Recently, while on a trip back to the city of my career, Charleston, South Carolina, I took a ride on some CARTA buses. Charleston, as you may know, is where the Civil War (AKA War of Northern Aggression, War Between the States) began. It is Mighty Historic, with scads of colonial and antebellum structures. Tourists are thicker than no-see-ums (tiny, nasty biting gnats).
CARTA is the Charleston Area Regional Transport Authority. When I was working at the College of Charleston in days of yore, the buses ran occasionally, were not pleasant, and were used only by those who could not afford alternative transportation, meaning cars or taxis, or maybe even bicycles.
I am happy to say that on this occasion, my buses ran on schedule, were clean, and air conditioned (anyone who has lived in Charleston can appreciate that). And the price was reasonable, especially for old geezers like myself.
One thing did catch my attention, though, and not in an especially pleasant way: the ads on the bus. None advertised anything one would want to do, such as a trip to Venice or Kalamazoo. No, most ads on the bus followed this script:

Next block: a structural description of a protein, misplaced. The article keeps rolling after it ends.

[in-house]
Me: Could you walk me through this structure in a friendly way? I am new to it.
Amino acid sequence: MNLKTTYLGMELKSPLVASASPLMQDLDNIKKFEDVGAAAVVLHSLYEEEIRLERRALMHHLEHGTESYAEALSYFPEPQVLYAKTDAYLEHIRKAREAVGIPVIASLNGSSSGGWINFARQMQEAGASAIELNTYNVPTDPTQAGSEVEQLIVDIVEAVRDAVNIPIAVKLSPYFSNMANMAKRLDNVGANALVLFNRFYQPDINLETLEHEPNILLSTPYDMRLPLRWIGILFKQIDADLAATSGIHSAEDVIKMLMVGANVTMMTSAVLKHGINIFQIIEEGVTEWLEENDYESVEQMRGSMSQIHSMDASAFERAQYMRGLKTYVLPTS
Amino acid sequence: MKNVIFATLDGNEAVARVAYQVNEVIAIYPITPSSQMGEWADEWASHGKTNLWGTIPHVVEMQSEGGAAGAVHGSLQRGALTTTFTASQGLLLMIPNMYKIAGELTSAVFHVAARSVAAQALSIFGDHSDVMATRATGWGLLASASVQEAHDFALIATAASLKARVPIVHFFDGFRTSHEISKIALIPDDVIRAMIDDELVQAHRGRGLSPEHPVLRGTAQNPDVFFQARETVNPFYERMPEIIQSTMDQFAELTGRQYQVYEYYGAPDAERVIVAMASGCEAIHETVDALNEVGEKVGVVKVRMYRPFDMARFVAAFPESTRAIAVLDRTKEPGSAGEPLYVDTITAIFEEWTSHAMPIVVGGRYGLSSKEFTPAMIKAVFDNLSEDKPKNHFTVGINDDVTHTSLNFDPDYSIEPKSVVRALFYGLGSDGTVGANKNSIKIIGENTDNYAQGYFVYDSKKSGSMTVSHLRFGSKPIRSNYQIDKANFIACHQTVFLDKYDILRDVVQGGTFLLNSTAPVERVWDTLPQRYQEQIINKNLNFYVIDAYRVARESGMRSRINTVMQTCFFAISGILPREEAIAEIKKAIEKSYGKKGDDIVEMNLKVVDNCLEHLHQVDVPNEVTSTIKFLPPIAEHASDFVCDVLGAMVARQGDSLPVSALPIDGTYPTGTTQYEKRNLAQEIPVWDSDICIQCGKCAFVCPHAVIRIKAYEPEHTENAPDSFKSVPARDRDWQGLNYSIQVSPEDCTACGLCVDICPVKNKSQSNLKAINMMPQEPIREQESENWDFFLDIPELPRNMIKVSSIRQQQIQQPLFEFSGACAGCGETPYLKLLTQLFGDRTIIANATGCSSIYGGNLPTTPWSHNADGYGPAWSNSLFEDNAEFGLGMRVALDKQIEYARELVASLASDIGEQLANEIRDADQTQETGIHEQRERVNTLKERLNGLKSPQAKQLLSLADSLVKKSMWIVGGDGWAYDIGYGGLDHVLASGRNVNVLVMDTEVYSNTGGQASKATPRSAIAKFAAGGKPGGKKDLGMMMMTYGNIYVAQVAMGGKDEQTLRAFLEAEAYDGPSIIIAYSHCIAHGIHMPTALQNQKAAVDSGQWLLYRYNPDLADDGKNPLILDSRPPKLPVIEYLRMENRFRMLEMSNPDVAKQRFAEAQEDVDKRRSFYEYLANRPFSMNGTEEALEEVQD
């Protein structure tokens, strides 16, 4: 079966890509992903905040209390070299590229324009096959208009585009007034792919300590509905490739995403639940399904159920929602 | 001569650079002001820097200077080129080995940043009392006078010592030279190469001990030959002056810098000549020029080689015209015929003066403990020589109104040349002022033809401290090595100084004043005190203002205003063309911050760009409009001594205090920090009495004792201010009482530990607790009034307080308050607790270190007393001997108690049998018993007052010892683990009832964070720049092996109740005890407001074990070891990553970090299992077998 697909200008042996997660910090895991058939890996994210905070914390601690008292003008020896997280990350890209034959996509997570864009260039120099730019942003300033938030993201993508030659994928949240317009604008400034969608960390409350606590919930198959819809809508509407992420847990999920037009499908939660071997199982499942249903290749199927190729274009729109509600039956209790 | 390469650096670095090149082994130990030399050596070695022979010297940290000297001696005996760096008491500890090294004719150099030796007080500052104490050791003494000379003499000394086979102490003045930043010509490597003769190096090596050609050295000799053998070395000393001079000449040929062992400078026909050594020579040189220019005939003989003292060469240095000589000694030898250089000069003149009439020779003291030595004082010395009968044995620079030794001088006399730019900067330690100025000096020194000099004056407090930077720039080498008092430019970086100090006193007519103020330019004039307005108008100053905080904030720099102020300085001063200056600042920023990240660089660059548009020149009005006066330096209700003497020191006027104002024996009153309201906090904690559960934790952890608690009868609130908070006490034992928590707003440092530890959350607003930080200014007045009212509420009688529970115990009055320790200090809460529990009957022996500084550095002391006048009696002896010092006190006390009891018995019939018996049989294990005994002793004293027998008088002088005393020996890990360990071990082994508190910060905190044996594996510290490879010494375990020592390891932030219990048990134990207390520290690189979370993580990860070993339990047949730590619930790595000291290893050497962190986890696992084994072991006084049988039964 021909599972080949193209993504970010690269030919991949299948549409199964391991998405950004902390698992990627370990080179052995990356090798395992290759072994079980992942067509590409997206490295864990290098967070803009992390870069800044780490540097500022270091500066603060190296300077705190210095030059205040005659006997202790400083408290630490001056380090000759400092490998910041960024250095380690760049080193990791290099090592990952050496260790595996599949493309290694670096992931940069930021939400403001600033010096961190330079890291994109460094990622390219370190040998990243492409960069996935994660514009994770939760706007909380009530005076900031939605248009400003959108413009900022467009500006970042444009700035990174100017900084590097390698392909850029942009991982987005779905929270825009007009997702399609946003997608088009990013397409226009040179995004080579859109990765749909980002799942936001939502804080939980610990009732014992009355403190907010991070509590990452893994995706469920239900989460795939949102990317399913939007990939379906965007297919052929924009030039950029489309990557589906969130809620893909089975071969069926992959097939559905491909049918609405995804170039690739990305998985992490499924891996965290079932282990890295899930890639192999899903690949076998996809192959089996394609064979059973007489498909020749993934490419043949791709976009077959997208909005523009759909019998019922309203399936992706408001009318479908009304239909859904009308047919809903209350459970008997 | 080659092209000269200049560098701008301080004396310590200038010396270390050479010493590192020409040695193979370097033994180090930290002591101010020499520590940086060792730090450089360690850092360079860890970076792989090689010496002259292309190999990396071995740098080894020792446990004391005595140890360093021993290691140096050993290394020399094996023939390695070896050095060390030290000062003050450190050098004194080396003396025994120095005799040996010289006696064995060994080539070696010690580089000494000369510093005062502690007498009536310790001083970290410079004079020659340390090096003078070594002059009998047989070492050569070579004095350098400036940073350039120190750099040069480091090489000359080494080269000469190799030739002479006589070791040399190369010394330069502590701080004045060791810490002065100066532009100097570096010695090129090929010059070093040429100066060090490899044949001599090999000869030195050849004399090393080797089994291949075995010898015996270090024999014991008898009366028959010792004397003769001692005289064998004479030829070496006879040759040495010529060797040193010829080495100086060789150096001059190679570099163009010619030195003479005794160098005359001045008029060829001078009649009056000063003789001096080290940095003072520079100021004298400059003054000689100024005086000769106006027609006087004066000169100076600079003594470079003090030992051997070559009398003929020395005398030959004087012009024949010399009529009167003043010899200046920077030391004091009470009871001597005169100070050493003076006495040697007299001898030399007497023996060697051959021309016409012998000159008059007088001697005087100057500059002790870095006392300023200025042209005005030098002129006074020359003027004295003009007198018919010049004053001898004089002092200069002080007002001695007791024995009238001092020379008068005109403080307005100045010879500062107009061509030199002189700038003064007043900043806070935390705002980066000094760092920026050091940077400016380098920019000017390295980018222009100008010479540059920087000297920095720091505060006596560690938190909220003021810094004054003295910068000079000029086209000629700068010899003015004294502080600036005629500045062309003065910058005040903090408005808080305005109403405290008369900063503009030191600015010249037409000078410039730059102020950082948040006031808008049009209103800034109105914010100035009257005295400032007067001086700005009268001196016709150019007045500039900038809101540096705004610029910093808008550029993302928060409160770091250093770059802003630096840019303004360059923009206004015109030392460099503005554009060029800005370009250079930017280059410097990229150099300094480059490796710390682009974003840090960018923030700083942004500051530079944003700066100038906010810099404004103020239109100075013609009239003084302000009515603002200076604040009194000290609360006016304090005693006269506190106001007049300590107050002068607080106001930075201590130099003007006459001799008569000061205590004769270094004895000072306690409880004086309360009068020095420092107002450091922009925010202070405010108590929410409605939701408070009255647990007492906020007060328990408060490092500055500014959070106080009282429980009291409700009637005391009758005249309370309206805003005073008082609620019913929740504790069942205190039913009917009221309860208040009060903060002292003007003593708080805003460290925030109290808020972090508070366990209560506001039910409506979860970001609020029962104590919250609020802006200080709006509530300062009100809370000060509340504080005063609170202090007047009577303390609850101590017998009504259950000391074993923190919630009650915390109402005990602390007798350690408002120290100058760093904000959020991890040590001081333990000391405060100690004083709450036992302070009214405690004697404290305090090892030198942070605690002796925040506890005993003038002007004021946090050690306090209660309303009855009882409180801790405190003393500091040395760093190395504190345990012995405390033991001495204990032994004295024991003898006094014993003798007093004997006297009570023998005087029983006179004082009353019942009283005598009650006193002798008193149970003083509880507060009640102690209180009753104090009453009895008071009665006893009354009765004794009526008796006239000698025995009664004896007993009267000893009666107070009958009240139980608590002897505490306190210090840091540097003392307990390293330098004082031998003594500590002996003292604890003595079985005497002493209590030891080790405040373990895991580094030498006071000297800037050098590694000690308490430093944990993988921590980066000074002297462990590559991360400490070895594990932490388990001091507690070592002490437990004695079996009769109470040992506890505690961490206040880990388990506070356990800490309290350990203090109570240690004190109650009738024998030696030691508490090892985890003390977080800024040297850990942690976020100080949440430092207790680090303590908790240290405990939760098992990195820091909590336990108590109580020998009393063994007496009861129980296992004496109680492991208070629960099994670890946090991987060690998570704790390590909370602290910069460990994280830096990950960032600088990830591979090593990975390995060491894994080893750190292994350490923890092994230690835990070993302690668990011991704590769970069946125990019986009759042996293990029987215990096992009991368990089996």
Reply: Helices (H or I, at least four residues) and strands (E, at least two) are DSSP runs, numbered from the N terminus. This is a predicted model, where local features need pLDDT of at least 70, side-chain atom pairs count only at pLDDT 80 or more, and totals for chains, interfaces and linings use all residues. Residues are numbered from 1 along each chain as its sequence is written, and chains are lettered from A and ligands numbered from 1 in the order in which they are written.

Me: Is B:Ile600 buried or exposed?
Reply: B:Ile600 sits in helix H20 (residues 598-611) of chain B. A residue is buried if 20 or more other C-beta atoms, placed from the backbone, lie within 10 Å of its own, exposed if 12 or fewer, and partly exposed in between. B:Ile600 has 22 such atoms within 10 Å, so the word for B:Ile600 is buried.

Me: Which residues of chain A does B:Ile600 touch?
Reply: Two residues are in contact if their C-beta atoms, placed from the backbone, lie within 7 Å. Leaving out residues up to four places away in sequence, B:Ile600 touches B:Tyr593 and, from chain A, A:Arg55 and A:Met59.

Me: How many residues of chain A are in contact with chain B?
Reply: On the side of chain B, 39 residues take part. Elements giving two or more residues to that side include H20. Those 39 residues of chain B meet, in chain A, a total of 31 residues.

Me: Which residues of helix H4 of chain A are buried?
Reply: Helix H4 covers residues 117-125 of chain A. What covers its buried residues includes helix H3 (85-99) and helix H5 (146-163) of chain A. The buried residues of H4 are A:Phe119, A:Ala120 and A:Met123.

“Living with Schizophrenia? You may be eligible for a clinical research study. Compensation up to $1302.”
($1302? Why not just $1300? Do they think the extra two bucks will seal the deal?) Then the ad gave the name of the company that ran the trials, a number to call, and a website.
Other ads were similar, except for the diagnosis.
“Depressed?” followed by information as above.
“Use Crack Cocaine or Cocaine?” Ditto.
I looked around at my fellow passengers. They all looked like ordinary people. They got on, they got off. Well behaved, polite. Nothing remarkable. What did they think of the ads? I wondered. Best not wonder, I thought.
With great relief, I turned to one ad that did not follow the script.
“No Job? No Prob!”
Followed by organization or company name, number, and website.
I felt much better now.